Creating a service and a service watchdog using simple shell scripts in Linux


Recently at work I was given a feature to support the customization and installation of OpenPegasus CIMOM (CIM Server) on Linux machines in binary mode. What this means is that instead of building from source code on the Linux machines (as would be the sane thing to do in view of the huge compatibility issues), it was decided to create the binaries on my development box, and then bundle only the required portions as part of an installation script. The main reason for this was the fact that we had a dependency on an external CIM Provider (QLogic), who obviously provided us only with the binaries built on a base Linux machine (specifically, RHEL 5.8).

There were many interesting problems that arose due to library dependencies, OS/ABI incompatibilities, and GCC/GLIBC dependencies. I also learned a lot about the whole process of working with third-party vendors. I plan to cover all of them in a series of upcoming blog posts. For now, however, I would like to post some useful information about I helped the installer team enhance their installation scripts by creating a service and a service watchdog for the OpenPegasus CIMOM bundled with the QLogic provider. For representative purposes, I will use the term “My Service” to refer to the hypothetical service. I will also provide the main logic of the relevant scripts that I wrote for the purpose without violating any NDA restrictions of my workplace! So let’s get right on to it then.

Creating a service in Linux using a shell script

Creating a service in Linux is a pretty simple task. You really just add execution privileges to the shell script, drop it into the /etc/init.d folder, and then invoke a series of commands. The code for the service that installs the OpenPegasus (version 2.11.0 used) CIMOM with the bundled QLogic CIM Provider binaries is listed as follows:

#!/bin/sh

# chkconfig: 2345 55 10
# description:My service
# processname:myservice

usage() {
        echo "service myservice {start|stop|status|"
        exit 0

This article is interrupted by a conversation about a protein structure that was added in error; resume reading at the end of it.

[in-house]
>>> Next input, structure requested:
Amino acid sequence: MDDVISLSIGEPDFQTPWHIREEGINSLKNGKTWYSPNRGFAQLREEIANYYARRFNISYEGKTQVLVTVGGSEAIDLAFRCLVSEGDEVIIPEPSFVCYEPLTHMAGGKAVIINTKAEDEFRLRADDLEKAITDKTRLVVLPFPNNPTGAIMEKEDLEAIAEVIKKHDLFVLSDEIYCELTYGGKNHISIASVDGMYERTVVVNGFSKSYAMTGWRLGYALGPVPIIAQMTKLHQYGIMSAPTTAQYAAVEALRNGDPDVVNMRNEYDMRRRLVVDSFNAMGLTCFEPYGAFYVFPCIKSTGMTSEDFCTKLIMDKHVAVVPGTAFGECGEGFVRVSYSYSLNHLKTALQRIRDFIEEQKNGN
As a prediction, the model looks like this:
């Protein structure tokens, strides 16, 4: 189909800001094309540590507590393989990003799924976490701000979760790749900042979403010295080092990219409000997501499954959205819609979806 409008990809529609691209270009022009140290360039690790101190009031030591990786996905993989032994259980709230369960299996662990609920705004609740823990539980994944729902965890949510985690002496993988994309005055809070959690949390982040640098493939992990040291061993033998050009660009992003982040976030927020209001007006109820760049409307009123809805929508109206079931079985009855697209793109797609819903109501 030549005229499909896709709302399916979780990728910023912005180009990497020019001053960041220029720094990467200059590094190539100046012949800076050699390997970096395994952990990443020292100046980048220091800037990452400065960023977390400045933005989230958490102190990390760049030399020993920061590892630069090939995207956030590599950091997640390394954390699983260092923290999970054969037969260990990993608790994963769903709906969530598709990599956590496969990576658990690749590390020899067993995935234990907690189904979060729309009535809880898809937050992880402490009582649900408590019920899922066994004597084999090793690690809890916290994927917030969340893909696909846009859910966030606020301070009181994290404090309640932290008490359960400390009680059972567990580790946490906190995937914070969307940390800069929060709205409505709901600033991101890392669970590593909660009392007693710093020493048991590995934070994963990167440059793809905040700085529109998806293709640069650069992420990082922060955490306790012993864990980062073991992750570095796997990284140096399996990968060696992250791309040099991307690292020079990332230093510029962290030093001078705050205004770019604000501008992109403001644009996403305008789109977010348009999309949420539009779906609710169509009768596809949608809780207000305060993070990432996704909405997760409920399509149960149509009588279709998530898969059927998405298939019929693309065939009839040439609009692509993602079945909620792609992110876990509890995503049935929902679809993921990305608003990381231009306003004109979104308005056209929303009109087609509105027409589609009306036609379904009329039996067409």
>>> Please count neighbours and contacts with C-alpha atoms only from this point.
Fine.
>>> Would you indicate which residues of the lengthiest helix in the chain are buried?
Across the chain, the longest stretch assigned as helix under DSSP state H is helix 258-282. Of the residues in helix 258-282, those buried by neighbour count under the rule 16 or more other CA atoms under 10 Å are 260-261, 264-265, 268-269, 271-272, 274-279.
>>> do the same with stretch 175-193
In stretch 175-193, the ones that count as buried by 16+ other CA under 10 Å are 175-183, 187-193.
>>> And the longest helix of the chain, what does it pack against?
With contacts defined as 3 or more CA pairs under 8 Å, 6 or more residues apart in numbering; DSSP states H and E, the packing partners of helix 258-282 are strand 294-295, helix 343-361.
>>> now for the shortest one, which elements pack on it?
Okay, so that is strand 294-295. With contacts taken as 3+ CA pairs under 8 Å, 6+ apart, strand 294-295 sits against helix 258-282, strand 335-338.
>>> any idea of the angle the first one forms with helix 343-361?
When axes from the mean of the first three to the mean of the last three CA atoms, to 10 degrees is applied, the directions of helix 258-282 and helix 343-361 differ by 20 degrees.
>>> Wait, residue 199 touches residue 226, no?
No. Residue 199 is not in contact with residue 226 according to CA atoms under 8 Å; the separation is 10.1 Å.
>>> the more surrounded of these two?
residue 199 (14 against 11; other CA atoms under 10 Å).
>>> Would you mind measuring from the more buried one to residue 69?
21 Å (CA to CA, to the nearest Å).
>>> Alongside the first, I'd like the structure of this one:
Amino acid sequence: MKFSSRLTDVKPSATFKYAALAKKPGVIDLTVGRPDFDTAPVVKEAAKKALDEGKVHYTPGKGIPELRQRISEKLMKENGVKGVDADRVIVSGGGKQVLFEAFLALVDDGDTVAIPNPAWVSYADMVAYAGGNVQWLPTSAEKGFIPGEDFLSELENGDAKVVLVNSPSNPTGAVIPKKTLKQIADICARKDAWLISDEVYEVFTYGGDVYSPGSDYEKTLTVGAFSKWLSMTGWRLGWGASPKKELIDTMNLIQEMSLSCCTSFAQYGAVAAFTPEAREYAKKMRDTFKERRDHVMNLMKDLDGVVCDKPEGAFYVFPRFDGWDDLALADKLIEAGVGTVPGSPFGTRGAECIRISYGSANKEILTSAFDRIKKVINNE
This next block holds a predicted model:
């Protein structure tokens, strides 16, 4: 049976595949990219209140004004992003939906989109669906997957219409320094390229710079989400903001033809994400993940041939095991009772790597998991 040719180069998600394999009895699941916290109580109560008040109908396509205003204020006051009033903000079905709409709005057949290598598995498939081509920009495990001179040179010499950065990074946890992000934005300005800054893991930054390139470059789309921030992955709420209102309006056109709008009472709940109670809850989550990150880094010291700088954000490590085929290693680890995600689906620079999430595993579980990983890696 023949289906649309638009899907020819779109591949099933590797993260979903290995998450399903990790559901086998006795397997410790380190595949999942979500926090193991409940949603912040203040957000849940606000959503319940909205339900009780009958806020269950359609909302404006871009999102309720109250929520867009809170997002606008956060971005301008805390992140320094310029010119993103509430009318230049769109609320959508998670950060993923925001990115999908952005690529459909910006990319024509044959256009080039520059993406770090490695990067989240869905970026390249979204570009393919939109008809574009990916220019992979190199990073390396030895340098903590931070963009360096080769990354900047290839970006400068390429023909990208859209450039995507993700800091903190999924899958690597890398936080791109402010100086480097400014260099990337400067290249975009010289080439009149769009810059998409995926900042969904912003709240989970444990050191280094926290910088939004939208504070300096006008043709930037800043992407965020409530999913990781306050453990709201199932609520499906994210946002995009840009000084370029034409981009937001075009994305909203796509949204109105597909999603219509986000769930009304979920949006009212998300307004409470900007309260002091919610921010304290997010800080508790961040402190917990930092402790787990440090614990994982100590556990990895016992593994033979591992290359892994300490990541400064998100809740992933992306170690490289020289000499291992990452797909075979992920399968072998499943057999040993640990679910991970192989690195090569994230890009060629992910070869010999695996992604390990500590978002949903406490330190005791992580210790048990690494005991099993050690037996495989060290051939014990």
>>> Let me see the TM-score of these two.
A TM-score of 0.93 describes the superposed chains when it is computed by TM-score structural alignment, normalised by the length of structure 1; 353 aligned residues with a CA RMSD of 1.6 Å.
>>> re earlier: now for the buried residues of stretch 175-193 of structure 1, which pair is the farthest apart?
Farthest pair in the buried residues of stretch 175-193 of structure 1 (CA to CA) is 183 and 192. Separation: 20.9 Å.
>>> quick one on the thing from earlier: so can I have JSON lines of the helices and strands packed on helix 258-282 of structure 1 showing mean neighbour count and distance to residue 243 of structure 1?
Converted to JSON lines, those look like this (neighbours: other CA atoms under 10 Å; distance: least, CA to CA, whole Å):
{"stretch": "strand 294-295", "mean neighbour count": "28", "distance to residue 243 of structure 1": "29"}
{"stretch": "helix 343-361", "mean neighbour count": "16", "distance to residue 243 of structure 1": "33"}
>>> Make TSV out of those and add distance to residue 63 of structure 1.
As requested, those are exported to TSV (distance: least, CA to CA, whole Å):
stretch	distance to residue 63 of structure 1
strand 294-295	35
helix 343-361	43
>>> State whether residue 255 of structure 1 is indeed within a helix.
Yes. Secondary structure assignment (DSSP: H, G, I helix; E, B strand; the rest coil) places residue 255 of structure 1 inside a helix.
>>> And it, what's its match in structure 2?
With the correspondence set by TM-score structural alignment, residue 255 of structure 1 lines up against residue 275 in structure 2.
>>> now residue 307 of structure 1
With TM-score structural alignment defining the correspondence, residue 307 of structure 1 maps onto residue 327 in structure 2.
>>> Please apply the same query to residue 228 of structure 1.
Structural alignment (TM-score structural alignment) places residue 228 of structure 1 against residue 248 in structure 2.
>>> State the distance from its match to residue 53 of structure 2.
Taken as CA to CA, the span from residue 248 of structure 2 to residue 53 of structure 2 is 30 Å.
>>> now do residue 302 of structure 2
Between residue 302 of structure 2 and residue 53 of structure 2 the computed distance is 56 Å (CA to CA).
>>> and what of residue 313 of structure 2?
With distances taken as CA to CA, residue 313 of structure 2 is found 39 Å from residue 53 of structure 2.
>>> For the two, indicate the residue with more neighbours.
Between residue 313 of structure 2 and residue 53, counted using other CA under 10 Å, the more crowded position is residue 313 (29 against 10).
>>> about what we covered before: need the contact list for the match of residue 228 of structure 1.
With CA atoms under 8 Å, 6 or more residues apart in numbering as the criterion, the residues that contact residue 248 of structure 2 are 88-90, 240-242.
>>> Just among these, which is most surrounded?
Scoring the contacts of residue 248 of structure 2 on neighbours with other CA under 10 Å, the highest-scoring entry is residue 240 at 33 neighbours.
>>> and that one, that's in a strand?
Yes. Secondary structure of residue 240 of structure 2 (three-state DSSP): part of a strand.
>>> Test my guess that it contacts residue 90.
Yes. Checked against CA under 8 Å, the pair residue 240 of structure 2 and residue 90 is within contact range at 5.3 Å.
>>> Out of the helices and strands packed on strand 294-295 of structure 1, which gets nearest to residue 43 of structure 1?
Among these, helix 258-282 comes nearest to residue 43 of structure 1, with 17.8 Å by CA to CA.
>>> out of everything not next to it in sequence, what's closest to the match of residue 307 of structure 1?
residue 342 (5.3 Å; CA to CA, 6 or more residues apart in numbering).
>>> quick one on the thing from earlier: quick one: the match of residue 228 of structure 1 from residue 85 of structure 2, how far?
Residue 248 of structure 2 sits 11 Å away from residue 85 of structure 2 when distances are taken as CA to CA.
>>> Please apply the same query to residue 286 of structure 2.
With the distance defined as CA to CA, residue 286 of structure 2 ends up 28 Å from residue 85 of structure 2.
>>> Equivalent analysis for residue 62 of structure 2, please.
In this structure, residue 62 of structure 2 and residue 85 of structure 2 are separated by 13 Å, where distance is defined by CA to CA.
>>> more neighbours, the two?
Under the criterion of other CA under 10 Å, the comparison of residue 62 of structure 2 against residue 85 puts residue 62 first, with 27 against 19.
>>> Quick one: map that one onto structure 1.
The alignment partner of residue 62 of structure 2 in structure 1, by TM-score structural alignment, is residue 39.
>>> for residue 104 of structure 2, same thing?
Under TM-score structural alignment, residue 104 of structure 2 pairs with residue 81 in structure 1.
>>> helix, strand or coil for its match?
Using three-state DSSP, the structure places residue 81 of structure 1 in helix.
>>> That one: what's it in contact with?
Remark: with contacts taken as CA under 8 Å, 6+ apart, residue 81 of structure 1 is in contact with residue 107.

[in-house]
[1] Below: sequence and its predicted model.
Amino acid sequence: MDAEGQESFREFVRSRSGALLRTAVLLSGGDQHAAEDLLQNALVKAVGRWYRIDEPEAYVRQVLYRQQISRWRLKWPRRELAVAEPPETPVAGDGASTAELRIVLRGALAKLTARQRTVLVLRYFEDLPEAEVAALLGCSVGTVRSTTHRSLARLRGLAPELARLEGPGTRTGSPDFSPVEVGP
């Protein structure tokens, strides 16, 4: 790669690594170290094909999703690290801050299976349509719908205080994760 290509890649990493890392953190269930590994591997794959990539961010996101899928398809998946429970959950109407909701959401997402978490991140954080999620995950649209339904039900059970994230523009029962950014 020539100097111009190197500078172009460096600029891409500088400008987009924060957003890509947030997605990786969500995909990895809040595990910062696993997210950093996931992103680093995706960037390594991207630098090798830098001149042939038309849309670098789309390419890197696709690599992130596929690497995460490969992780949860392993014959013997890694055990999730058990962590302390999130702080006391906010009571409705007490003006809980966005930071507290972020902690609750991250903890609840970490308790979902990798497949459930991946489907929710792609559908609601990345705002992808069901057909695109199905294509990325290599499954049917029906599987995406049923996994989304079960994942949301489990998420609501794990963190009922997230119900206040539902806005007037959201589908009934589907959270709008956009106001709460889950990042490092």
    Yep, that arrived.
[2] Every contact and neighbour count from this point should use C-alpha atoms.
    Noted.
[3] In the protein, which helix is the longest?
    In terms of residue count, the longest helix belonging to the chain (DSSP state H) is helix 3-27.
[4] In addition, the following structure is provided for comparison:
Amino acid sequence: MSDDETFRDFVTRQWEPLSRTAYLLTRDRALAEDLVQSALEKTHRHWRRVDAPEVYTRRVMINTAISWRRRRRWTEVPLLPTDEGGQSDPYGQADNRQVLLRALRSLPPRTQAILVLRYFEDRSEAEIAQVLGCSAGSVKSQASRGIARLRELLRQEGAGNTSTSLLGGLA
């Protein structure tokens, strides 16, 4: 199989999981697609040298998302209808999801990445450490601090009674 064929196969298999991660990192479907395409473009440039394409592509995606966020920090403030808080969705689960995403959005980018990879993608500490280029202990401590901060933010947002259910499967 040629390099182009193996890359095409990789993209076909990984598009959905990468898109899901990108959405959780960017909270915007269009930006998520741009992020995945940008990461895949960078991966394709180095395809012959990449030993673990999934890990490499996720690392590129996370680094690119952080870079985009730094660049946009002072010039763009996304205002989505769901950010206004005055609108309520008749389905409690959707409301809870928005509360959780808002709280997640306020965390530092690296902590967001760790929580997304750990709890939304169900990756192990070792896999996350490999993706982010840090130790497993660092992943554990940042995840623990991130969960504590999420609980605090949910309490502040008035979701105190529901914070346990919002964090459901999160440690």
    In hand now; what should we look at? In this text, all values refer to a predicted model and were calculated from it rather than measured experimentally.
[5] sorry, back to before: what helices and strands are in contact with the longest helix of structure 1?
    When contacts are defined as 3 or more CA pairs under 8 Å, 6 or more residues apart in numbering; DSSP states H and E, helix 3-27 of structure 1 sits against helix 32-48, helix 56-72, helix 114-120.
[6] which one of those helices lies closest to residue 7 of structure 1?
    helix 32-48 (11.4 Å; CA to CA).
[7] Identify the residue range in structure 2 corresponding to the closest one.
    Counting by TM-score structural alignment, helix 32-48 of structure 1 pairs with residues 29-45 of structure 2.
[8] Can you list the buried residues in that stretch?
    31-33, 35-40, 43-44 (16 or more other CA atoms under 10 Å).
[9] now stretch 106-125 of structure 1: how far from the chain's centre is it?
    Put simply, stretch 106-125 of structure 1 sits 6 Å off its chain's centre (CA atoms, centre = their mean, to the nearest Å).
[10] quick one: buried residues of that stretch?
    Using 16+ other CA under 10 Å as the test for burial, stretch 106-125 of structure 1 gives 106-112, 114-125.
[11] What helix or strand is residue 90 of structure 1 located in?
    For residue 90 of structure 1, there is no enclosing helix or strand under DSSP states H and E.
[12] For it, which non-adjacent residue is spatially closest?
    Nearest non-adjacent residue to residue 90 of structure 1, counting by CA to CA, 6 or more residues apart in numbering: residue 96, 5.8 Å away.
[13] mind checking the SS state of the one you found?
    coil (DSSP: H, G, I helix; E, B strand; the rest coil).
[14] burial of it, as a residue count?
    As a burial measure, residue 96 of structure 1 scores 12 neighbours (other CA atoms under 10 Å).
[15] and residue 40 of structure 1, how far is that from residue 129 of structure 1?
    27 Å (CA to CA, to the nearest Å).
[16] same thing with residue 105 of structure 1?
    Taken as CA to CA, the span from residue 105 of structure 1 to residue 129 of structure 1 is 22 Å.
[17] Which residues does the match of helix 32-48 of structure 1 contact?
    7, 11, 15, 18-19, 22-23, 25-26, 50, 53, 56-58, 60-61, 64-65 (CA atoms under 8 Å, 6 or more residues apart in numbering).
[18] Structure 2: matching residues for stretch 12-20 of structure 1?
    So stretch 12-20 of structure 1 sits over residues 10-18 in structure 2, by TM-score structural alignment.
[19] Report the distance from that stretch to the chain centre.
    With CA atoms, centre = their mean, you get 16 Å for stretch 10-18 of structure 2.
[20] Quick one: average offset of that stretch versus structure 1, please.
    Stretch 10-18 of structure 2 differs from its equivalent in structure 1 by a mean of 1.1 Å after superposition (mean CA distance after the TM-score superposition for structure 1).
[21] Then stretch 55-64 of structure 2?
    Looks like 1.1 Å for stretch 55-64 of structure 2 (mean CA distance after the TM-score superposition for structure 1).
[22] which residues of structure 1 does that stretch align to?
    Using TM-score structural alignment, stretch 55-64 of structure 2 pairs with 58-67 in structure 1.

}

export PEGASUS_ROOT=/opt/pegasus2.11.0
export PEGASUS_HOME=$PEGASUS_ROOT
export LD_LIBRARY_PATH=$LD_LIBRARY_PATH:$PEGASUS_ROOT/lib
export PEGASUS_PLATFORM=LINUX_IX86_GNU
export PATH=$PATH:$PEGASUS_ROOT/bin
export PEGASUS_HAS_SSL=yes

case $1 in

	start) $PEGASUS_ROOT/bin/cimserver
		;;
	stop) $PEGASUS_ROOT/bin/cimserver -s
		;;
	status) if [ `pidof $PEGASUS_ROOT/bin/cimserver` ]; then
			echo "Running"
		else
			echo "Not running"
		fi
		;;
	*) usage
		;;
esac

Explanation:

We start off with the usual shebang followed by the path to the “sh” executable (#!/bin/sh). The following lines are quite interesting, and worth explaining in a bit more detail. The # chkconfig 2345 90 10 line merely informs the OS that we want this service script to be activated for Linux Run Levels 2,3,4 and 5. Check out “Linux Run Levels” for more information on Run Levels in Linux. The parameter 90 refers to the priority to be assigned for service startup (we usually want this to be a moderately high value) while the last parameter 10 refers to the service stop priority (this can be a moderately low value). The specific values for this parameter will depend on your service’s usage patterns. The #description line is optional, and is used to give a descriptive name to the service. The #processname line is the name that you will use for your service, and is usually the same as your script name.